b.) Natgas can lower the Philippines’ carbon emissions since it emits 60% less carbon dioxide than coal, and transition to more renewable future as it can ease the intermittency problem of solar and wind. I agree with a. but not b.. More competitive and lower electricity prices, yes, natgas can do that. But demonizing CO2 is wrong. CO2 is the gas that we humans and our animals exhale, the gas that our crops, flowers, and trees use to produce their own food via photosynthesis. CO2 is a useful gas, not an evil-pollutant gas that must be demonized and over-taxed. And climate change is largely natural (“nature-made” not “man-made”) and cyclical (warming-cooling) for the past 4.6 billion years since planet Earth was born.

And now the hot months of March to June are here. There are no new peaking plants to provide extra power during peak hours of weekdays so the move now is to help reduce demand via an interruptible load program (ILP) by the energy department and peak/off-peak (POP) program by Meralco. ILP is good because it will mobilize hundreds of gensets of big companies, sort of “backyard peaking plants” in voluntary scheme. But the Department of Energy’s plan to make it mandatory with fines and penalties is not good.

The POP program is good because it is largely voluntary, with 6,000+ private participants observing time of use electricity consumption. Private sector initiatives are cool and useful, not mandates and coercion.

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Saturday, March 14, 2020

Weekend Fun 68, The virus test kit, by Duterte

This is exact quote from President Duterte's press con last Monday, March 9, 2020.
It's like coming from a person with a case of dementia, hahaha.
Then other people made a meme, poetry style:

That same day, the President also said these things:

'Ligo tayo': Amid coronavirus, Duterte jokes he'll swim in Boracay with Puyat
President Rodrigo Duterte also brushes aside a 'no-touch' policy between him and the public
Sofia Tomacruz
Published 9:58 AM, March 10, 2020  Updated 8:17 PM, March 11, 2020

"Si Berna eh, (sabi niya) wala naman punta. Sabi ko, sige punta ako, pero maligo tayo," Duterte said in a late night press conference on Monday, March 9...
“Sabi ko, alam mo na 'yung ligo tayo na (I said, you know the kind of swim where) I also have something to look at. If you look at the open sea it's endless. Mabubulag ka (You’ll go blind). But (if) Berna would sit beside me on a sunset, I will stay,” he said.

Other memes and photos.

Happy weekend.

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BWorld 418, Thank you, Metro Manila water concessionaires

* My article in BusinessWorld, May 10, 2020.

In a speech before new appointees in Malaca├▒ang on Feb. 6, President Rodrigo Duterte blasted again the two Metro Manila water concessionaires. He said, “Where is the money of the average Filipino who are poor who pays his water bill and he has to pay because if (not) it will be cut off? Where is the money of that son of a b****? Give us back the money. Give it back to the people and maybe we can talk about solving your problem.”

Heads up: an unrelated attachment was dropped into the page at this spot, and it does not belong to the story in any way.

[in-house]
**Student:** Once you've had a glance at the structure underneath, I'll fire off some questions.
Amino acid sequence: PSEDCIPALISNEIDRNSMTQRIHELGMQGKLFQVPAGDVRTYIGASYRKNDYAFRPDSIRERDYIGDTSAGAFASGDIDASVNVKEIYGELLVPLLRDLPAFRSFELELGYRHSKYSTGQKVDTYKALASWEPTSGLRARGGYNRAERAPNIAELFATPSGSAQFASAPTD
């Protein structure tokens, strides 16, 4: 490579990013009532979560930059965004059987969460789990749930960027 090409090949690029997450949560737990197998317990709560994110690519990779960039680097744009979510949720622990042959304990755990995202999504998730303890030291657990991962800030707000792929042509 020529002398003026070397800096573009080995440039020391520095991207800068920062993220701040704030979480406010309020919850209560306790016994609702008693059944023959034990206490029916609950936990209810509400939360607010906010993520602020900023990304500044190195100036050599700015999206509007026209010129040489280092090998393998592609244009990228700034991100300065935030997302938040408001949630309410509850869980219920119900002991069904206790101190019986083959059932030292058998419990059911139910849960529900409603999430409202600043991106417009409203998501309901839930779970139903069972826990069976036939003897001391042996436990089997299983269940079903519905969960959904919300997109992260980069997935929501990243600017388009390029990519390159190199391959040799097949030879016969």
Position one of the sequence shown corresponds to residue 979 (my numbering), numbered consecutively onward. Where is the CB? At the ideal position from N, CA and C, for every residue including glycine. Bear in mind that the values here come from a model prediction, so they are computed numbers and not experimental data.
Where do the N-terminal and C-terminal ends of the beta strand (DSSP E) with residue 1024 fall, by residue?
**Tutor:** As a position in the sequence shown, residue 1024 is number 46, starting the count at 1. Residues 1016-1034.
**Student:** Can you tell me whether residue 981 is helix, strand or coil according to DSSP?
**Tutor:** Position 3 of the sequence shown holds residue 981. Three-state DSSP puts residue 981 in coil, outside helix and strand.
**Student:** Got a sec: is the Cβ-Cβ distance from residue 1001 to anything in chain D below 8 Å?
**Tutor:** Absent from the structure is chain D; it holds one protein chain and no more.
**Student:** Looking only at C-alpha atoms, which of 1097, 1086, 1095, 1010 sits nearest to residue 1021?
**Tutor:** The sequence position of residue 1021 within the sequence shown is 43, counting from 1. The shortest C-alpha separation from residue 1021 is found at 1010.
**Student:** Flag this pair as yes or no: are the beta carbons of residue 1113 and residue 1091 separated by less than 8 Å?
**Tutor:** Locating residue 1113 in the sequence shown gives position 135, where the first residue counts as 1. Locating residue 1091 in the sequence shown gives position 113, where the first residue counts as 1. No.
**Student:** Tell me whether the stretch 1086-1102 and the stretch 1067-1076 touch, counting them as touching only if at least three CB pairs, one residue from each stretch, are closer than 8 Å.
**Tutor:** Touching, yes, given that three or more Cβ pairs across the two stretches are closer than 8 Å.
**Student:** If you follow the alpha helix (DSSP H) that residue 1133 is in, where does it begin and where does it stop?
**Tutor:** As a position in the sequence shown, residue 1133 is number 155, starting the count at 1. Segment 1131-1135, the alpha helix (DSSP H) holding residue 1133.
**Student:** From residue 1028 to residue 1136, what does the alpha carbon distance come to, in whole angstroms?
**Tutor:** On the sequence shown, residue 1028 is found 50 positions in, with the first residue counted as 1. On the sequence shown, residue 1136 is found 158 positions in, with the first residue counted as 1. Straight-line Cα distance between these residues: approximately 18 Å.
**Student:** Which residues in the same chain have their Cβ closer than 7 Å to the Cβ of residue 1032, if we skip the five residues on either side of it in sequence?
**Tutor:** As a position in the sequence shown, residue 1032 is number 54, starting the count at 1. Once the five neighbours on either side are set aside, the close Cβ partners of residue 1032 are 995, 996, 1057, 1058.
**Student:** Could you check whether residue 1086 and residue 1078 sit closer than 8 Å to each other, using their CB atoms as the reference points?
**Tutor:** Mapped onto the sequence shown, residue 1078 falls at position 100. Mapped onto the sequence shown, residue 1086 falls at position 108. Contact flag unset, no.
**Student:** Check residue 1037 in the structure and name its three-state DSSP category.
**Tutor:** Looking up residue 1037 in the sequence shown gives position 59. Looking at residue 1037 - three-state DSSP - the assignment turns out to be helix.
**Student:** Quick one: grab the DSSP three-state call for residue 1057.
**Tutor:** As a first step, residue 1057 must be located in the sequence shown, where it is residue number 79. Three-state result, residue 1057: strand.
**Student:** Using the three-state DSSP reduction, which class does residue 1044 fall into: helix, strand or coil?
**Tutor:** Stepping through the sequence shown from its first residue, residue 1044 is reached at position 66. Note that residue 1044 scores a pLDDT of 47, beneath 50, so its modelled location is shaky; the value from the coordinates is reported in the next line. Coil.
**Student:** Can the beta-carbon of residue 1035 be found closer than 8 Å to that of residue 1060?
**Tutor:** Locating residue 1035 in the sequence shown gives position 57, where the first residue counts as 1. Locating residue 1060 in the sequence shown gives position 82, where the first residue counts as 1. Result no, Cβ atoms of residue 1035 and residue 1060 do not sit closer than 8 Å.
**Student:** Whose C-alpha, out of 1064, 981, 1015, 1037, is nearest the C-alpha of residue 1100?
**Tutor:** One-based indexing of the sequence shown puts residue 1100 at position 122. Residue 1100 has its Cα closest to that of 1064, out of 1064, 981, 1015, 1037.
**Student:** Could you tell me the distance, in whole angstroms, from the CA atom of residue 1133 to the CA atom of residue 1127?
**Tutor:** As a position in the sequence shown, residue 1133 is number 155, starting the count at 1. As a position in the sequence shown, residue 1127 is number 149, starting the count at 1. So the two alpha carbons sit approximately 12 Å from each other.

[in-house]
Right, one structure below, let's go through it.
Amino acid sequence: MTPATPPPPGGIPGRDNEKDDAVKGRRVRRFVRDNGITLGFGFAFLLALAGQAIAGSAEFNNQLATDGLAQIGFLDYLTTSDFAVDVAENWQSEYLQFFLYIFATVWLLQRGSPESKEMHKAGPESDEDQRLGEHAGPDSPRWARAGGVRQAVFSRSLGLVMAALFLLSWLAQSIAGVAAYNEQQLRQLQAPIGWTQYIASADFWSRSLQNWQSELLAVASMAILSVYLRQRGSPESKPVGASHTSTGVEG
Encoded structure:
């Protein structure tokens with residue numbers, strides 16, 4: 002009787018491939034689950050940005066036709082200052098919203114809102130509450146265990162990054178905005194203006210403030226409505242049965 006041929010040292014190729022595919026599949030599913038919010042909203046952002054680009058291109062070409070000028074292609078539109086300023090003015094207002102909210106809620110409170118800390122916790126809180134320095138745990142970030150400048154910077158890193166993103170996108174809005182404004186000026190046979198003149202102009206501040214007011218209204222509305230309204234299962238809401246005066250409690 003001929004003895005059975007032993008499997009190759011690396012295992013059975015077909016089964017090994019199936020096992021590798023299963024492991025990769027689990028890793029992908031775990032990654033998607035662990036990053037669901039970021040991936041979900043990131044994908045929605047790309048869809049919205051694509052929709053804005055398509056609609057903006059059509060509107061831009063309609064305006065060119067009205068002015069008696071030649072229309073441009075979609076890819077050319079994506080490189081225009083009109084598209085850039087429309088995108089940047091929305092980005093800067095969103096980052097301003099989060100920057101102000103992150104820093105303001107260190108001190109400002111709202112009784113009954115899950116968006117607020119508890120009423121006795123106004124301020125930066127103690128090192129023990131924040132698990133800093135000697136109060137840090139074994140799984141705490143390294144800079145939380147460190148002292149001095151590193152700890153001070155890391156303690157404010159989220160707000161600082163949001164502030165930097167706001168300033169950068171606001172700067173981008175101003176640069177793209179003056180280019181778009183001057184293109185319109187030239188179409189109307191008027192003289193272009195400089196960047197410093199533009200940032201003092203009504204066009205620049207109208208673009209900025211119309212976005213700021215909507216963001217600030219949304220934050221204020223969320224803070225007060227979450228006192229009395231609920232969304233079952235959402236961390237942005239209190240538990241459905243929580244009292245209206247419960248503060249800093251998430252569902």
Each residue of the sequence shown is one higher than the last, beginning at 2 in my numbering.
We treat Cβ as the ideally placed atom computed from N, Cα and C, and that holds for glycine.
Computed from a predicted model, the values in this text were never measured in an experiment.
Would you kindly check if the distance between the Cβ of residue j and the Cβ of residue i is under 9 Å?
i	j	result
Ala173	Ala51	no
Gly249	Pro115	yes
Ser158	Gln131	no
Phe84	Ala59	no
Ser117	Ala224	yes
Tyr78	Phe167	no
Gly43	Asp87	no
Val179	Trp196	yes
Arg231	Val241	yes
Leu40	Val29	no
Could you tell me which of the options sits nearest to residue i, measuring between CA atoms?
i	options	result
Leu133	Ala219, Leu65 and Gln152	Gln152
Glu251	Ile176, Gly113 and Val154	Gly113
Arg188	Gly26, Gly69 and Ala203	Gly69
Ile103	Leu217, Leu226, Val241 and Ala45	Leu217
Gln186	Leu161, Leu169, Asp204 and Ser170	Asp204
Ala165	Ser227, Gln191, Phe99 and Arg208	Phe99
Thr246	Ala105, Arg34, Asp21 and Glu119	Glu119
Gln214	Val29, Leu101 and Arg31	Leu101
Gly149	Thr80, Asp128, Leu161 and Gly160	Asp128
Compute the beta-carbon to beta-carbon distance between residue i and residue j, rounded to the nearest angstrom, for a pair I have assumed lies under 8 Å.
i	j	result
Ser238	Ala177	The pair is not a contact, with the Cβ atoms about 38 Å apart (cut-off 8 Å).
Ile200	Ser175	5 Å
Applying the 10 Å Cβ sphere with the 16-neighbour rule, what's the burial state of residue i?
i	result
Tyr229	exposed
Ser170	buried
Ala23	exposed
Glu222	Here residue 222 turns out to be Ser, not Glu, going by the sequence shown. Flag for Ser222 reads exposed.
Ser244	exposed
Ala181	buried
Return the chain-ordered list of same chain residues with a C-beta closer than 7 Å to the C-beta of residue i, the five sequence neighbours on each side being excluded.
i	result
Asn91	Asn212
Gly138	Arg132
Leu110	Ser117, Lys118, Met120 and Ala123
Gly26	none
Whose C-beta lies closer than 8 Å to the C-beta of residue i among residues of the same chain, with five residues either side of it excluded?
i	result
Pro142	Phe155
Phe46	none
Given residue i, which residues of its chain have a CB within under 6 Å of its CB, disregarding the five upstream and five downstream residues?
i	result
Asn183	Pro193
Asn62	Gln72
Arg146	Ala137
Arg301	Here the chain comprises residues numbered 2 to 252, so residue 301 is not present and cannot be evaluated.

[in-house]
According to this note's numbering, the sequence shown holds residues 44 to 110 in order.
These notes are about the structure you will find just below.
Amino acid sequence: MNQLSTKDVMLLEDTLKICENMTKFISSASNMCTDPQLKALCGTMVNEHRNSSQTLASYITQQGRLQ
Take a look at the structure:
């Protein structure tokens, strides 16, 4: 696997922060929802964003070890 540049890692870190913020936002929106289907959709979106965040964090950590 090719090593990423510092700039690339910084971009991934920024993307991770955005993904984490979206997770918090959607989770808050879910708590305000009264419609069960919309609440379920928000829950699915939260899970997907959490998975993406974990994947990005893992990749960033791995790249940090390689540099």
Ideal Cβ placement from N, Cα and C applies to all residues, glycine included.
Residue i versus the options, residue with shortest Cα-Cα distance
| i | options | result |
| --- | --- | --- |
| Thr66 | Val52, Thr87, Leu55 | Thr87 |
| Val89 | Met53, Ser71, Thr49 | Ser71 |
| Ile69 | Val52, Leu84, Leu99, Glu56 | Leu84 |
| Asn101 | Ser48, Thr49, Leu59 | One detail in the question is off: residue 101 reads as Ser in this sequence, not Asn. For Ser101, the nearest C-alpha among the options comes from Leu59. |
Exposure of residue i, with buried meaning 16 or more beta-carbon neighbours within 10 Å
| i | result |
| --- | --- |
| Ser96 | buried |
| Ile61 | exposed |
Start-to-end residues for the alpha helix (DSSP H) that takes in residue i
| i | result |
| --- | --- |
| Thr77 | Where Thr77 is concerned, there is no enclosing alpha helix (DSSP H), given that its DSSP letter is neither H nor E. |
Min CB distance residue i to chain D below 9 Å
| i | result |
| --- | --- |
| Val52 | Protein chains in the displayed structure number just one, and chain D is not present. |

Last December, this column has actually provided some answers to those question (see Dec. 23, 2019). The table there is expanded here, and the quick answers to “where did the money go” are: the money went to improve service delivery to some 8.5 million additional consumers of both concessionaires, it added 1.66 million new water connections, it expanded 24 hours water service by 70%, and it reduced water leaks and theft by 43% (see Table 1). 

Thank you, Maynilad and Manila Water. The public already got the services for the money they paid for. It cannot be “given back” to them or the government via the Metropolitan Waterworks and Sewerage System (MWSS).

In previous attacks by the President, he said that the contracts with the two concessionaires are “onerous” and not beneficial to the public and government. Let us check the numbers again.

One cubic meter (cu.m.) is 1,000 liters. One drum of water is 208 liters so one cu.m. is nearly five drums. Currently, lifeline customers or those consuming 10 cu.m. or less per month pay only P6.13/cu.m. and P9.63/cu.m. basic charges in Manila Water and Maynilad areas respectively. That is very cheap, thank you concessionaires.

If residents consume 11 to 20 cu.m. in a month which is a lot, they will pay only P11.13/cu.m. and P16.42/cu.m. for Manila and Maynilad areas, respectively (see Table 2).

  The 11 cu.m. is equivalent to 54 drums of water in a month — that’s a lot and residents will pay only P121 and P170 in basic charges in Manila and Maynilad Water, respectively. That is not “onerous” or “abusive.”

Now, the continuing political harassment of these two water companies has affected them, banks have limited if not stopped lending to them, they will not have enough funds to develop even short-term solutions to the rising water demand.

Data from the Food and Agriculture Organization (FAO) showed that in 2017, the Philippines has natural water production of some 479 billion cubic meters (bcm), higher than those in Vietnam, Thailand, Japan, and South Korea and yet we do not hear of these countries experiencing “water crisis.” Our internal water production of 4,565 cu.m. per person per year is also higher than these four neighbors (see Table 3).

So natural water is there, lots of rain water during the wet months resulting in frequent flash flooding that kill many people and destroy properties. MWSS has failed to build dams to “harvest” and store this huge surplus water which just go straight to the sea. So the two concessionaires have to develop short-term sources of water but their funding is limited.

The President and his supporters should be grateful, not vengeful, to these two water companies. The concession agreement until 2022 should proceed without further harassment, and if possible, the concession extension until 2037 should be honored, not discontinued.

We need more risk-taking concessionaires developing more immediate water supply and charging cheap water rates, not more politics. We need more facts-based discussion of the issue, not more emotional and mindless outbursts.